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There was no shortage of pertinent news over the last week. The markets received information on inflation, housing, and Fed attitudes. CPI came in at 1.3%, below estimates and showing its lowest reading in nearly four years. Core CPI was came in below estimates as well at 2.8%. These combined with lower trending PPI are beginning to paint a picture for the Fed that their interest rate policy is having the desired effect.

Housing continued to surprise on the downside with the Commerce Department’s report that new home construction was off 14.6% year over year bringing new home starts to the lowest levels since 2000. The anecdotal information from the industry is that the worst is not yet behind us with both DR Horton Inc. (DHI) and Toll Brothers Inc. (TOL) indicating that cancellations are over double their historical averages. With nearly 50% of the homes sitting empty belonging to speculators, the affect of downturn on the real American family is still undetermined.

The Fed, for its part, seems to be becoming increasingly comfortable with the interest rate policy with Fed minutes and comments made this week suggesting that rates seem appropriate for market conditions and further action is unlikely in the short term. The Fed has continued to make it abundantly clear that inflation is their chief concern and growth will be sacrificed if necessary.

TOL/DHI 1-yr Performance Chart

TOL DHI 1 yr Perf. Chart

The pressing question facing the markets and keeping a cap on things is, how will the downward spiraling of the housing market effect growth of the broader economy? If last quarter is any indication GDP will continue to surprise on the downside. Last quarter’s GDP was a lean 1.6%, dragged down unexpectedly by lower than projected housing numbers. As we see housing numbers propagate this quarter’s data, the surprises are again to the downside which is leading economist to reduce GDP estimates. Last quarter the drag on GDP from housing was -1.1%; this quarter may be worse.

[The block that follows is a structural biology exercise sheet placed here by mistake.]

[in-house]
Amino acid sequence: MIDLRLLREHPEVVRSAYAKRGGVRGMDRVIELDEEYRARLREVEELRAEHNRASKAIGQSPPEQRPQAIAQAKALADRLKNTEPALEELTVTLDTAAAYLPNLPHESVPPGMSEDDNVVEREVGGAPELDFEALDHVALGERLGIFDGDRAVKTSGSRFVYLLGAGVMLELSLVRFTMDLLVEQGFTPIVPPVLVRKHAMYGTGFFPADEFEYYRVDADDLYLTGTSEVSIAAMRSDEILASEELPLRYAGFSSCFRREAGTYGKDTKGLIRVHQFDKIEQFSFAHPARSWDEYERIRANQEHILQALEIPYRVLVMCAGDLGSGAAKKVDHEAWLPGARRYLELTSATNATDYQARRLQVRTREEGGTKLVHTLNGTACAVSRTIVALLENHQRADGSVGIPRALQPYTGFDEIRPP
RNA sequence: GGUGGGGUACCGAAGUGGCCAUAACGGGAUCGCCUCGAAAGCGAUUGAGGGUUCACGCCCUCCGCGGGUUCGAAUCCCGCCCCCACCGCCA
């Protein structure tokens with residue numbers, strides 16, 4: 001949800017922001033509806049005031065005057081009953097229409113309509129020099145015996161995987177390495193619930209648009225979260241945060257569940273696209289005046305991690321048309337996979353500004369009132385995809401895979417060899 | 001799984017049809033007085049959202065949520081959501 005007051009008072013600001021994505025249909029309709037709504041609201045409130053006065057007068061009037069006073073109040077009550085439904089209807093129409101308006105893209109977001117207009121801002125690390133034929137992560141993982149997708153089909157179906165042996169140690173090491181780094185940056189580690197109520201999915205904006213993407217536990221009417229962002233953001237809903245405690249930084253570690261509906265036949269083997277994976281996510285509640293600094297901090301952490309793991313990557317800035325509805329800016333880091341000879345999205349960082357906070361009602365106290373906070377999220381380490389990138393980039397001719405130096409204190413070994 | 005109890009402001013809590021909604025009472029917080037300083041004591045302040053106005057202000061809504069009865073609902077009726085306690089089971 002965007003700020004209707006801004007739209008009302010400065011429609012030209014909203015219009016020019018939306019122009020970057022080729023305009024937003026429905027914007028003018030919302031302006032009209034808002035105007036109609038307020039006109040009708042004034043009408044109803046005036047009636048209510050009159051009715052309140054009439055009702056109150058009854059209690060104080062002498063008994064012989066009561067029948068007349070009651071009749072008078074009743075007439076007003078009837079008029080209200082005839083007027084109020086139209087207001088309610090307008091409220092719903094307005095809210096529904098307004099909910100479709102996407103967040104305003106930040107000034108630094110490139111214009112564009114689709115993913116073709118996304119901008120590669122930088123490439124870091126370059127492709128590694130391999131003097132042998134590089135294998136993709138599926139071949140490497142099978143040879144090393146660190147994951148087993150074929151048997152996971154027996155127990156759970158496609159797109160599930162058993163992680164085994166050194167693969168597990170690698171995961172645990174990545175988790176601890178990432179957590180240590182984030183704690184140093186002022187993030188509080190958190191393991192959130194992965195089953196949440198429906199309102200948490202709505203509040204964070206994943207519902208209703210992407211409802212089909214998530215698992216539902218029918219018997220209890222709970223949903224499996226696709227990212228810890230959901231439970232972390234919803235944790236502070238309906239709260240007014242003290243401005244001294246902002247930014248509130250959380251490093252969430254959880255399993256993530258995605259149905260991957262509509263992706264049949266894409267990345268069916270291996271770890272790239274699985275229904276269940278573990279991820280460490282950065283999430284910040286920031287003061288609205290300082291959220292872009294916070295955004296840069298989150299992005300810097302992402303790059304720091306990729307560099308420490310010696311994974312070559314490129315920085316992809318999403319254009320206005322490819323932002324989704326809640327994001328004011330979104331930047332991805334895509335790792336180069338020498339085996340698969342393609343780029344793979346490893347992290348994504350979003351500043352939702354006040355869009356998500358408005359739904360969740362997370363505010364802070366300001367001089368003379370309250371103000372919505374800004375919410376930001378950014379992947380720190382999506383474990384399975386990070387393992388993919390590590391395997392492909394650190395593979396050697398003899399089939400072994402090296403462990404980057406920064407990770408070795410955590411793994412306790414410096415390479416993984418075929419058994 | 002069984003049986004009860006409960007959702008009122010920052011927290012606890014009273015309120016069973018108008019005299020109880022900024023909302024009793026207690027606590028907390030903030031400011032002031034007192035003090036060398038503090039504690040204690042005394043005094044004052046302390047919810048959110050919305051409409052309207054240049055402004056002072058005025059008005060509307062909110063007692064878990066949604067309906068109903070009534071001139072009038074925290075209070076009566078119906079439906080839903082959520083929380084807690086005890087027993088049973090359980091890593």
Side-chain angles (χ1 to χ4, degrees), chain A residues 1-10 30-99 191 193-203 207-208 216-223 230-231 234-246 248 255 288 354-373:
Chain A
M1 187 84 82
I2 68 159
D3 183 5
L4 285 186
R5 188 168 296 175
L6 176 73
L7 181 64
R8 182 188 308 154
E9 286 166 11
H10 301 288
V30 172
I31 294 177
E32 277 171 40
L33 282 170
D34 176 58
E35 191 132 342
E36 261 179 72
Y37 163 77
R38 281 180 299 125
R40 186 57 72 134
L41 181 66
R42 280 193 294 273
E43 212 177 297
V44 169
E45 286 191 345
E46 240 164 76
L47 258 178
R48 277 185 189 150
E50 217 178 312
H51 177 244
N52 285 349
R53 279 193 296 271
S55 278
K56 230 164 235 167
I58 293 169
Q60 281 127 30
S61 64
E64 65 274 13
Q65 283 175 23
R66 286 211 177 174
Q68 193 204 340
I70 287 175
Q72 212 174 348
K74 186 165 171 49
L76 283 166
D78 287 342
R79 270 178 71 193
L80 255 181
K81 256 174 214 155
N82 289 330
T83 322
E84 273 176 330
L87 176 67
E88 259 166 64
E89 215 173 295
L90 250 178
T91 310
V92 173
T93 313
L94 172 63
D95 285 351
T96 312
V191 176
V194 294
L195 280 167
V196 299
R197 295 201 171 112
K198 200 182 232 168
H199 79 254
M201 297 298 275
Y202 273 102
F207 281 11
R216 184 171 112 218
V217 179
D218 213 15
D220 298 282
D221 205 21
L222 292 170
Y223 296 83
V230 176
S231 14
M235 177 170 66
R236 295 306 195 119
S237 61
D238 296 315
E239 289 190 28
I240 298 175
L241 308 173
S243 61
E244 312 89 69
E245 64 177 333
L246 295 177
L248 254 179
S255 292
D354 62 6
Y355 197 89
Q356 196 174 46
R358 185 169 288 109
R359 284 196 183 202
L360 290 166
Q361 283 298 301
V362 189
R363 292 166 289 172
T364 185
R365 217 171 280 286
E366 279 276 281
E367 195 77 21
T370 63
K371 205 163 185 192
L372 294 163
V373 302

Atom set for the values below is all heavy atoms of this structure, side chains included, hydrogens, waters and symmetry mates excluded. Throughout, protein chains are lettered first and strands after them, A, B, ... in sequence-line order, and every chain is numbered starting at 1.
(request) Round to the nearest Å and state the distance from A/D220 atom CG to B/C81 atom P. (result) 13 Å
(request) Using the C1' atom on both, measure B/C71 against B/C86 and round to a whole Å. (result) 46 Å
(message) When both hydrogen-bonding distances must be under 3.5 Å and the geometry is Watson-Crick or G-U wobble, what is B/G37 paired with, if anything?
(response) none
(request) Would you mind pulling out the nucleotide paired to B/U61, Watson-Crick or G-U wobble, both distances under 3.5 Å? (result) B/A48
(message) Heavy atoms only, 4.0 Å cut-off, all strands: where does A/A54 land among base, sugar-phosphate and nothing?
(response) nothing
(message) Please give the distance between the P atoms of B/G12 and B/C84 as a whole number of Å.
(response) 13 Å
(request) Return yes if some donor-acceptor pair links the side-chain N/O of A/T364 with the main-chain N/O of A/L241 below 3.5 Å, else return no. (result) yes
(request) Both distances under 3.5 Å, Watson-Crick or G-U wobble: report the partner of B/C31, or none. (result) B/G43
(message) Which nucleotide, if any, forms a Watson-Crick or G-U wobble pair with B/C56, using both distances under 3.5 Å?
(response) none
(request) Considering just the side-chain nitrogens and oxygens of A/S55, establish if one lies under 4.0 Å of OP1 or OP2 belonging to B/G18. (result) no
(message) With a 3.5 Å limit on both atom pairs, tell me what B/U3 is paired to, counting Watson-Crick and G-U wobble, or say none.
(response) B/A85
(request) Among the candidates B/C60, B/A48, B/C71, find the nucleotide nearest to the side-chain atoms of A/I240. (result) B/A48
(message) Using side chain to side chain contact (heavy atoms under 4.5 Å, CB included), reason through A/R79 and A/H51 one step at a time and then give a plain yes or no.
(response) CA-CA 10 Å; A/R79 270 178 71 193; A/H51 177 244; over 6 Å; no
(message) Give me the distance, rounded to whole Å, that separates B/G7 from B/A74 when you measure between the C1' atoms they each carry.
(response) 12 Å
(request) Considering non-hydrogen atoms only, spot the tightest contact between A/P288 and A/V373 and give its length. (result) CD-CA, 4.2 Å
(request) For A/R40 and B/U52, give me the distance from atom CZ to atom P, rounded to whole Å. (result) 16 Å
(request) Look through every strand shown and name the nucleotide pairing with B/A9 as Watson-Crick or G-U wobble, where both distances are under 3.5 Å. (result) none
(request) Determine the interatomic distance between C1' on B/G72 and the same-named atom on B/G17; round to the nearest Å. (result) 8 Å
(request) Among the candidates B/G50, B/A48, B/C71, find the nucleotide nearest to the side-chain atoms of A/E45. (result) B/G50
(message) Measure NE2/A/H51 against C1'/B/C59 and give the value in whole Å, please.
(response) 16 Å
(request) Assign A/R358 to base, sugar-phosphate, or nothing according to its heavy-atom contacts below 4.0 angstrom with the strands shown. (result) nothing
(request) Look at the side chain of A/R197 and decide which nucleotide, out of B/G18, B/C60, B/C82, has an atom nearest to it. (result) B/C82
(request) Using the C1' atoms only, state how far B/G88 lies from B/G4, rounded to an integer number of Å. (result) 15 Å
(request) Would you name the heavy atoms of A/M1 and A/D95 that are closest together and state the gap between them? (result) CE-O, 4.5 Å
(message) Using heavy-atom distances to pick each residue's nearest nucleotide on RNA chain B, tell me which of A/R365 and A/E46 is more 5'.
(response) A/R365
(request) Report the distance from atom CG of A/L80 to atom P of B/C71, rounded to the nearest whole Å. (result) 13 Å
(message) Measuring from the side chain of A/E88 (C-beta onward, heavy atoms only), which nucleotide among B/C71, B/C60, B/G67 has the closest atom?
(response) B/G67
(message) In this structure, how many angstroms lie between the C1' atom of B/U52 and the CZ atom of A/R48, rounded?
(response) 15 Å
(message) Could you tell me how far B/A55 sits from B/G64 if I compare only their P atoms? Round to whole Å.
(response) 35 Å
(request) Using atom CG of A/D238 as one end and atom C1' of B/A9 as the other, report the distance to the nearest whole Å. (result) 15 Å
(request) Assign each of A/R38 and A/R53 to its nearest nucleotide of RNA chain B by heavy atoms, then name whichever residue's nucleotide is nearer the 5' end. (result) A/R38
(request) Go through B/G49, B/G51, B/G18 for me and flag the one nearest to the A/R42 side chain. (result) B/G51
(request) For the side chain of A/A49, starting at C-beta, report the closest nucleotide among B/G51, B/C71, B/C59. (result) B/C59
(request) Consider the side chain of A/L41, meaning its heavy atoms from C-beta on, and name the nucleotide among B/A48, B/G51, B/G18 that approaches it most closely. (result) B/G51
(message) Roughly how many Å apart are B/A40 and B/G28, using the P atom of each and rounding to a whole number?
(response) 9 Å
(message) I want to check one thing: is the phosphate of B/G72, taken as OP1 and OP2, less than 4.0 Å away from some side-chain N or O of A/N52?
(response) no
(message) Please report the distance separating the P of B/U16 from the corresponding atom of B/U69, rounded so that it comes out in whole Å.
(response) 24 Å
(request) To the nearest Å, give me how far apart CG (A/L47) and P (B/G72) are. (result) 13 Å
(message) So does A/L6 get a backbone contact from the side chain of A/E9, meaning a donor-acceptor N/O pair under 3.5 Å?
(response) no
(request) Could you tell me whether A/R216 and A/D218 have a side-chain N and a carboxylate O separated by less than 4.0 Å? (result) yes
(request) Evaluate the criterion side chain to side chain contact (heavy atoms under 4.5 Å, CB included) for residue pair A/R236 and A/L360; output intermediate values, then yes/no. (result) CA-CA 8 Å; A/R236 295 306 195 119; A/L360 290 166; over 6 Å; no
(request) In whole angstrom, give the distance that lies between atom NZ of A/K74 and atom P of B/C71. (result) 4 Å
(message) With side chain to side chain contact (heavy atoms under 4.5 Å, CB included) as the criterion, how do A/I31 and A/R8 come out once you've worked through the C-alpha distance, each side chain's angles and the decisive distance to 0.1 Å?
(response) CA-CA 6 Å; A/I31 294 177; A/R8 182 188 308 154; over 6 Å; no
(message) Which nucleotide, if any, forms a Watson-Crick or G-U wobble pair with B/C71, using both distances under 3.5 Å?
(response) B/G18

So will the bursting of the housing bubble take the market with it as it did when the tech bubble burst in 2000? Consider this, in 2000 the tech laden NASDAQ had nearly 80% of its value in tech and telecom, and the S&P500 had nearly 30% in these areas. Today less than 5% of the S&P500 and less than 2% of the NASDAQ are directly exposed to housing. It’s easy to do the math, even if the building sector gets cut in half the effect on the indexes will be marginal. The bigger problem is the potential that we will finally get the dreaded consumer lead recession that economists have been so worried about.

There’s only one source I trust for advice on such an important topic, I like to call it the collective consciousness, most people call it the stock market, which also happens to be the culmination of all the information available with a built in discounting mechanism that usually accurately predicts future economic growth six to nine months in advance. Right now the stock market is screaming Goldilocks. There is no doubt that adjustable rate mortgages are a concern, but persistent low interest rates combined with creative new financing options are giving debt burdened consumers a way out and providing them with ability to continue to spend regardless of how poor their balance sheets look.

Source: Bursting the Housing Bubble